June 2012


A species well worth growing for its long flowering period. It is a tuberous-rooted sort that comes from Madagascar. The tubers appear the first year from seed and the growth above the tuber will die off that year leaving the tuber to overwinter. It produces new growth the following year. The tuber normally grows above the ground in the wild, so do not be tempted to plant it under the soil or it will rot off. These plants can easily be propated from cuttings, but then the tuber does not come back and the vegetative part will only last a year, unlike cuttings taken from Impatiens flanaganae which do produce a tuber. Therefore, the flowers of tuberosa need to be pollinated to get seed in order to produce a plant with a tuber.
The flowers are produced in abundance, close to the top of the stem in full view. They are normally pollinated by bees, but can easily be pollinated by hand. The colour of the flower is dark pink with very little variation, unlike Impatiens bicordata which has a large range of colours.
The minimum temperate in the winter should be about 10°C and you must keep the tubers dry to avoid rot. In summer it can be kept outside, but preferably in the shade. It can take high temperatures, but keep it well-watered then. Normal potting soil is fine; it does not require special mixtures, but avoid soil with a high clay content. The only problem with pests is likely to be red-spider mite and keeping the air moist will help to combat that. I hope to offer this sort next year on my list.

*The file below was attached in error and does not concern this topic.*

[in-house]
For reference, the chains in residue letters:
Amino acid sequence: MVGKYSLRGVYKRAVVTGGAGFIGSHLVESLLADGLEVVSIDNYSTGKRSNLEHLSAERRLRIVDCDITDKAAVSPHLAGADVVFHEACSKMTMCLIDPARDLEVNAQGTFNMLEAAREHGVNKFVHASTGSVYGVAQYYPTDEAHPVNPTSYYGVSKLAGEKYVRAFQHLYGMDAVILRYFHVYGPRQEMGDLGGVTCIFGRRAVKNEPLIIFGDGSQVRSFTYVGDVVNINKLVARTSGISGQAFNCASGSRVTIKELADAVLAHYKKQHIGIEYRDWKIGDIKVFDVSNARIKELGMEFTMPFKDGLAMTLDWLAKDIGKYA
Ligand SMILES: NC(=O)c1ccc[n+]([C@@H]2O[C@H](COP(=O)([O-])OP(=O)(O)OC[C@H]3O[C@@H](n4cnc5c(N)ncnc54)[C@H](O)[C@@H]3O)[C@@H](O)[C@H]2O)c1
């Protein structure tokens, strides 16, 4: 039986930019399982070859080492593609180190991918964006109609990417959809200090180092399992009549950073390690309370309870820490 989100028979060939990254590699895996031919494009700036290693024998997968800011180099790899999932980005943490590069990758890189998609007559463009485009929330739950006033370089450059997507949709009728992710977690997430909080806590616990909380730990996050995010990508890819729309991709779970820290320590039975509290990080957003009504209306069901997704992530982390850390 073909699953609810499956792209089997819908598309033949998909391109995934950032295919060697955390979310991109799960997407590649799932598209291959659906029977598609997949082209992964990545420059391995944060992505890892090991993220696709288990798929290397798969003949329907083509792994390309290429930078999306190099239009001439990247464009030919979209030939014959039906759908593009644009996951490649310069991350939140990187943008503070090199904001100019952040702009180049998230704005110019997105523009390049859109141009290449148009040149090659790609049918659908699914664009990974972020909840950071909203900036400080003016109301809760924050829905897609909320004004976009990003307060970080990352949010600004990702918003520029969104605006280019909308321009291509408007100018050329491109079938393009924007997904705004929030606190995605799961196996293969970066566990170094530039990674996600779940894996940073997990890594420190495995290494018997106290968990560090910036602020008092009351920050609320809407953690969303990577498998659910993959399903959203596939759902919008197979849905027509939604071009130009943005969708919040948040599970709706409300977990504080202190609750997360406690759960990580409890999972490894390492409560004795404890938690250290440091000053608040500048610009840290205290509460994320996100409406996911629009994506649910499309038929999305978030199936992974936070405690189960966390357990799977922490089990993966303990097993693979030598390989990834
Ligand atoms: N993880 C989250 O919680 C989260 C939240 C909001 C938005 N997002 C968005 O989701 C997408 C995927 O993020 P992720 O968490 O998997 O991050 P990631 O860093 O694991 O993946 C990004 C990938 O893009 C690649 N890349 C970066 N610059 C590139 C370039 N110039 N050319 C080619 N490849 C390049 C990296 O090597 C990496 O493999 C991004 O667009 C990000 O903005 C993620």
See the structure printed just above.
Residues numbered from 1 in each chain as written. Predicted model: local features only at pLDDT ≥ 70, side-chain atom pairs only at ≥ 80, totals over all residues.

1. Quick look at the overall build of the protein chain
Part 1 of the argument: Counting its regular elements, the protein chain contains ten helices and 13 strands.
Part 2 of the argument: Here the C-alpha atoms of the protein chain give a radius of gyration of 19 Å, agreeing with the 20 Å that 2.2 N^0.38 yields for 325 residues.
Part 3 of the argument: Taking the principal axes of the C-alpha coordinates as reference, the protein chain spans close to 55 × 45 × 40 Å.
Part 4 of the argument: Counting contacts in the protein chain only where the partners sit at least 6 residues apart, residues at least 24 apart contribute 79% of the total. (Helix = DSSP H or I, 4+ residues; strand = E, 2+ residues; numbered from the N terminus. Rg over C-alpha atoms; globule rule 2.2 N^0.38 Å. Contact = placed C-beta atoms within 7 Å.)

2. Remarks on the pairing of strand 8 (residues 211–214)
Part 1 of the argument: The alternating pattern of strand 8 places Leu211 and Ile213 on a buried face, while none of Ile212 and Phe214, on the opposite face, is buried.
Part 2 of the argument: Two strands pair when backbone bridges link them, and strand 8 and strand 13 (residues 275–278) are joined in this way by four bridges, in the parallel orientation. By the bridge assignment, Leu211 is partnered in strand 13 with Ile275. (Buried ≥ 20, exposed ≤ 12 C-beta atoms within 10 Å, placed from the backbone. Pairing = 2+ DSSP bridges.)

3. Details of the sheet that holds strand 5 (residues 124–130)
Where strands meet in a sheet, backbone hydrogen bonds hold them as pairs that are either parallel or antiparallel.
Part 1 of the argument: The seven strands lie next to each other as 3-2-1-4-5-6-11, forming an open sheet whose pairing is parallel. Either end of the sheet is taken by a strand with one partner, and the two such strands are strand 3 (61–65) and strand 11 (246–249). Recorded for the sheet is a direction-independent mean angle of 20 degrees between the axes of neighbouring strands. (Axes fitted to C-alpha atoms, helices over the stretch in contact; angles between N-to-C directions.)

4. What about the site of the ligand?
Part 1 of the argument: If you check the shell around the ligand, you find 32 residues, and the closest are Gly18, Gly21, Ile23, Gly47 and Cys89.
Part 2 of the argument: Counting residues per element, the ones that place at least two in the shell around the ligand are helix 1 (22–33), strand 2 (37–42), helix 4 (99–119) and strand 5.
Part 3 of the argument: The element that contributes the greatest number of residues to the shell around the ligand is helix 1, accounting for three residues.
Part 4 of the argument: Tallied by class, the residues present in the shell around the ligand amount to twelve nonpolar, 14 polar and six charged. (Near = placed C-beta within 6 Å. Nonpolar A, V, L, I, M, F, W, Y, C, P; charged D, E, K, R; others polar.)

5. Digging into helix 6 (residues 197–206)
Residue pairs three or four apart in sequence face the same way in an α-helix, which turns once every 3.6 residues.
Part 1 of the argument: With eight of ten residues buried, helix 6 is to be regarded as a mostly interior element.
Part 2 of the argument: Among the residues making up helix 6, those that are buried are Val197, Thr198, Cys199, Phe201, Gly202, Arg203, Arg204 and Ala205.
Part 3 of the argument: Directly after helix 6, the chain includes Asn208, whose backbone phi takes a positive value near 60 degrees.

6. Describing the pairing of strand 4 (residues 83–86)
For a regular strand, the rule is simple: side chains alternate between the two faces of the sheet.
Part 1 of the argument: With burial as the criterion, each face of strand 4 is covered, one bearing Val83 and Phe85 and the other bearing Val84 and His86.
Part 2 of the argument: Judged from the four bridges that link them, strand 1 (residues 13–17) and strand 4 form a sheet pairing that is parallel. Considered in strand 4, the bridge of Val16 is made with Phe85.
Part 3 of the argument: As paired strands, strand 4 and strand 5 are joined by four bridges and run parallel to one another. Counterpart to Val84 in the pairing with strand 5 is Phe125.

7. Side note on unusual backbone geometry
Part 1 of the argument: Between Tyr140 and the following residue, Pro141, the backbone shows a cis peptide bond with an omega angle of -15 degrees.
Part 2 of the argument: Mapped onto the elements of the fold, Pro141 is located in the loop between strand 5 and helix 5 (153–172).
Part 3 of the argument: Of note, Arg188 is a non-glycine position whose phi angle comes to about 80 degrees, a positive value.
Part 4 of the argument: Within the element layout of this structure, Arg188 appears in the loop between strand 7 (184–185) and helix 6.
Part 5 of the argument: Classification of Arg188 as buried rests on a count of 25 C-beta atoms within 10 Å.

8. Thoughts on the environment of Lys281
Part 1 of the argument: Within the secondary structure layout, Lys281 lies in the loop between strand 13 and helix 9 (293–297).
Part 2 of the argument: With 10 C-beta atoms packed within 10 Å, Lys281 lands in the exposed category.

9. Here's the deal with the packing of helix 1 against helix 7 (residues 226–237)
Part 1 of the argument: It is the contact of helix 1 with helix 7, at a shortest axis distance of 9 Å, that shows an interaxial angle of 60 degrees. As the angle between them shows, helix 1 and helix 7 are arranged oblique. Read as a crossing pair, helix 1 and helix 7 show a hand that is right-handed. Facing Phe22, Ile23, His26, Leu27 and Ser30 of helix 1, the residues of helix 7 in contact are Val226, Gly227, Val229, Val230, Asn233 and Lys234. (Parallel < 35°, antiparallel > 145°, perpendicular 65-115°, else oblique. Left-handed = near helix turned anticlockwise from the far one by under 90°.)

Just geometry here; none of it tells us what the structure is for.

Impatiens tuberosa

Impatiens tuberosa

Impatiens tuberosa

Impatiens tuberosa

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This is a very popular plant in cultivation, because it is very easy to grow and flowers regularly throughout the year with cream-coloured flowers. The flowers are highly scented to attract moths for pollination. It is a suitable plant for hanging baskets where it will grow to 1-2 metres. It can also be grown on a trellis, but it has to be fastened up. It can best be grown in half shade, but it will tolerate some sun. Lacunosa has many variations in leaves and flowers and hence a lot of cultivar names are used for the same species.
The plant originally comes from Java, Malaysia and Thailand and therefore likes a lot of warmth (at least 20°C) to do well. It does well in the ordinary living room as long as you keep it well-watered. It is very easy to propagate from cuttings and also by seed as long as moths have access to the plant.

Hoya lacunosa

Hoya lacunosa